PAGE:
The primary value of modelling capabilities lies in their ability to create new insights and perspectives for anyone who wants to understand the “what?” before embarking on any change exercise. Analogous to ‘current state’ and ‘future state’ analysis, it can drive development of the target operating model. Secondly, capabilities are versatile, easily applied to high-level strategic activities, such as scenario planning or outsourcing investigations as well as lower-level operational analysis. Finally, capabilities can be linked to other elements in the planning process such as people, processes, technology, information, projects and investment.
Business capability modelling deliberately ignores how something is done (that’s the preserve of business process models) or who does it (that being the responsibility of the organisation’s structure).
How something is done inevitably changes frequently, such as through continuous improvement initiatives, and who does things changes even more so with organisational restructuring happening at regular intervals.
However, what an organisation does is typically very stable and for any given business, well-defined capabilities rarely change over time. They provide a much more robust view of an organisation than projects, processes, applications, or even strategies. Capabilities only change when there’s a significant shift in the underlying business model or mission, such as through a business transformation initiative or in conjunction with a new merger or acquisition.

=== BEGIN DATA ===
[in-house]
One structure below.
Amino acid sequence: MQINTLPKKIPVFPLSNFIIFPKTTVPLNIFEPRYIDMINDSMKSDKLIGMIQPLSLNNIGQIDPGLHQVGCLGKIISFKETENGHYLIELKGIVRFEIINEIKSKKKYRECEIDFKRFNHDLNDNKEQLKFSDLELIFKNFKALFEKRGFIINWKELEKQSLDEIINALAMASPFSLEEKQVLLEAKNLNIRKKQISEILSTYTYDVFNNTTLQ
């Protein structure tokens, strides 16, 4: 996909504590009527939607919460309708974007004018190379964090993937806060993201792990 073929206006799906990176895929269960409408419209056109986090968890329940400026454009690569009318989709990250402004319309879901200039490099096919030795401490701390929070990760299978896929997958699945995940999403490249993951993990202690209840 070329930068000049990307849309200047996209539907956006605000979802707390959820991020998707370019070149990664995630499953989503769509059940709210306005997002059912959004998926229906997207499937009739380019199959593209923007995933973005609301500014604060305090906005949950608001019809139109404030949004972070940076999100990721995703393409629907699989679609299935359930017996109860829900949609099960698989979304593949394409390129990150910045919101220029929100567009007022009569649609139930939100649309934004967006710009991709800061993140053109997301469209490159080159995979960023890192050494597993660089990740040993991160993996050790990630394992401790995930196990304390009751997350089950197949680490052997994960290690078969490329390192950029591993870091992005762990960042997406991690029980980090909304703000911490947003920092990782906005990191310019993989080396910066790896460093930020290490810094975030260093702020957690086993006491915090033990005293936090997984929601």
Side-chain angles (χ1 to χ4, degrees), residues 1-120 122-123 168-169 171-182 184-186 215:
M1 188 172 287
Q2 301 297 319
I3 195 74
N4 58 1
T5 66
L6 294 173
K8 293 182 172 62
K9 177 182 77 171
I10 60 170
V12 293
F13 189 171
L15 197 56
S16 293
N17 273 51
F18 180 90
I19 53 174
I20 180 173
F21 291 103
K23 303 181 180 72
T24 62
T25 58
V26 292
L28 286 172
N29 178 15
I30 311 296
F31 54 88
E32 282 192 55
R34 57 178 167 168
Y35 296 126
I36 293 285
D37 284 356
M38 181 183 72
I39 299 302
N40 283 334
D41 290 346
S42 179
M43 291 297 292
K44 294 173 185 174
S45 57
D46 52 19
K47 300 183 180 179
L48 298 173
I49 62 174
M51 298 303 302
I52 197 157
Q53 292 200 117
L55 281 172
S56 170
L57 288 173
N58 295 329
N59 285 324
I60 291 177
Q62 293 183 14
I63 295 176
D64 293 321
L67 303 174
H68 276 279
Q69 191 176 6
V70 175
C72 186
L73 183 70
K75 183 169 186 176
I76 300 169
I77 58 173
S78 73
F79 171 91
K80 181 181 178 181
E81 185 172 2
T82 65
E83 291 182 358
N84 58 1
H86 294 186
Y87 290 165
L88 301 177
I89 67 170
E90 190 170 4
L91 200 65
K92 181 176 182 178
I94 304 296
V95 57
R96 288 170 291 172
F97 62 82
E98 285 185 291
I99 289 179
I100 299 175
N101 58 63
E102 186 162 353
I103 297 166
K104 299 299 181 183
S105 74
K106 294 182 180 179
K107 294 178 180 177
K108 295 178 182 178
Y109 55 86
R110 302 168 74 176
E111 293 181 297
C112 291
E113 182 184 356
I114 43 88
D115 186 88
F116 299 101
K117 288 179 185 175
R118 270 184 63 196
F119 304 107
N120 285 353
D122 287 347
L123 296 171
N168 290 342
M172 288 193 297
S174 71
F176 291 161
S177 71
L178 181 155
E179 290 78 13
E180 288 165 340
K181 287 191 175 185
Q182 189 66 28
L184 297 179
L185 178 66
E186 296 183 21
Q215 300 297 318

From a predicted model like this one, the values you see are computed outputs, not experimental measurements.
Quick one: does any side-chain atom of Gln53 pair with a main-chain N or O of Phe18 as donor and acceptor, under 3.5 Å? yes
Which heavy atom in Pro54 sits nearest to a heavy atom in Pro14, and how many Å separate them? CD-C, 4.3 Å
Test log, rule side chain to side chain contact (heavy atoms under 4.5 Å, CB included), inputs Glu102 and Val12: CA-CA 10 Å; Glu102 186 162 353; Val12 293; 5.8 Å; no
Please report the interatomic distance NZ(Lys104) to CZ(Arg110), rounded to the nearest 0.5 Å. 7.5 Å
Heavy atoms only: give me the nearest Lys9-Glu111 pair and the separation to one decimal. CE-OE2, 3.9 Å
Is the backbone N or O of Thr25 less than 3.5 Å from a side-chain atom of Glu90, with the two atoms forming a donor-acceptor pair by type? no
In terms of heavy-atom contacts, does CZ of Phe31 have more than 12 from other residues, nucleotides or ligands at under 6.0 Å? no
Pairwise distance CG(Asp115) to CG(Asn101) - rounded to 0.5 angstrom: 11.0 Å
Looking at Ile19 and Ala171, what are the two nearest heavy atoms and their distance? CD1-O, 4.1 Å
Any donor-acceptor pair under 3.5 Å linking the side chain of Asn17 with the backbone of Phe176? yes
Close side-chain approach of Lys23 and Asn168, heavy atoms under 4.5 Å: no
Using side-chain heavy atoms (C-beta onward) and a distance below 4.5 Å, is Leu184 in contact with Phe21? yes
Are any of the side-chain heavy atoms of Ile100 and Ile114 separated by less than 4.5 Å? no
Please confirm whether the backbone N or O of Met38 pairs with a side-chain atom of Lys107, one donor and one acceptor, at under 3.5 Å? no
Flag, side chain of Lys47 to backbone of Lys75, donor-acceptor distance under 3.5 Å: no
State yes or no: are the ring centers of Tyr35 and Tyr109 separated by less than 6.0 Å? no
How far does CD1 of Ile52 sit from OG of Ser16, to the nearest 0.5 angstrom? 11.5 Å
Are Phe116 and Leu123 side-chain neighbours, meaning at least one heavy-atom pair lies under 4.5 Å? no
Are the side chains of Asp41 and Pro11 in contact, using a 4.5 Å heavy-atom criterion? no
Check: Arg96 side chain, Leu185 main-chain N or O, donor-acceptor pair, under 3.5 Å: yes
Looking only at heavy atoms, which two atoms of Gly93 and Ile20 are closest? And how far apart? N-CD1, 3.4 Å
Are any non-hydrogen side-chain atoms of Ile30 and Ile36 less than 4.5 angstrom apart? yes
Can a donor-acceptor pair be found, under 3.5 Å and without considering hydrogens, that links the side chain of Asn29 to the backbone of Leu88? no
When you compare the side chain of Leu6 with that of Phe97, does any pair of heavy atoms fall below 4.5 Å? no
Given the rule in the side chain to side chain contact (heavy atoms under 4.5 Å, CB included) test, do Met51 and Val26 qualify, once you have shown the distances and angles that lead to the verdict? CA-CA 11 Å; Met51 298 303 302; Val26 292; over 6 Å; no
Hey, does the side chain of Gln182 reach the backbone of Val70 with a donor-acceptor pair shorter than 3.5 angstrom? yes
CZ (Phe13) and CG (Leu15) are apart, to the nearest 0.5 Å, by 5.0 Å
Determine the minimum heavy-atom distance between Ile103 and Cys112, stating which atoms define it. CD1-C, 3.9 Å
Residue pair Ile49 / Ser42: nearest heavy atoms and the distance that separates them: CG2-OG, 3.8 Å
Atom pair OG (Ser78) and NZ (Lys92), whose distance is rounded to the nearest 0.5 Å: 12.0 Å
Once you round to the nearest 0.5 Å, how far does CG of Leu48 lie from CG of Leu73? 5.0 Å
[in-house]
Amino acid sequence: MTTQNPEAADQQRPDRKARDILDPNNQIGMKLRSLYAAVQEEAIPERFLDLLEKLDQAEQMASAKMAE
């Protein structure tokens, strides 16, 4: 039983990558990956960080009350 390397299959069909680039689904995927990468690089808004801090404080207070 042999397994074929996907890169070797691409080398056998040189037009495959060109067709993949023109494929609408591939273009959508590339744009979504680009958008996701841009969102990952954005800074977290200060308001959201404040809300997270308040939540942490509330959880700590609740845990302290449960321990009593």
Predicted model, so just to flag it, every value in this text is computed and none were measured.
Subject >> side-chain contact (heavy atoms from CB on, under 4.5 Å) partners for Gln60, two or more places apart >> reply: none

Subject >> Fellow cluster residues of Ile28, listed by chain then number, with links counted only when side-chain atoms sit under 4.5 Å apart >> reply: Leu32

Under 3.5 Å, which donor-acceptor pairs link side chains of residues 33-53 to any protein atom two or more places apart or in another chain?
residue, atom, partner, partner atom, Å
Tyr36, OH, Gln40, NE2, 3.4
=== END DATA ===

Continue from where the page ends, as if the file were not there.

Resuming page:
The right capabilities
Not all capabilities are equal in their value to the customer and/or financial performance of the organisation. This so-called value contribution is a vital part of understanding which capabilities support competitive advantage and when combined with an assessment of current performance, clearly identifies those capabilities that require attention in support of the strategic intent.
From this baseline, many other views of organisational and technology design can be related and assessed – IT aspects such as data and infrastructure architectures but also business design through business process models and organisation structures.
Additional contextually relevant heat maps can be overlaid to look at any aspect of interest to business. Doing so creates a visually compelling view of where focus is needed to yield the greatest strategic or competitive advantage, for example through resource allocation or redistribution, project spend or system development.
Optimised customer experience
Capability modelling provides a very effective and efficient basis for optimising the quality of customer experience, such as when offering multi-channel digital products and services. Overlaying the business picture in terms of capabilities, projects, applications and metrics allows you to identify where focus is required by whom in order to optimise the experience across all touch points through all available channels.
So, in a world of uncertainty where stability and a solid foundation are critical for success, capability modelling and diagnostics can provide be powerful tools for enabling strategic and operational dialogue, creating a foundation for objective analysis, generating an understanding of how and where value is created and ultimately ensuring that organisational resources and investment are applied where they will have the greatest impact.
Martin Joy is a director of Itica.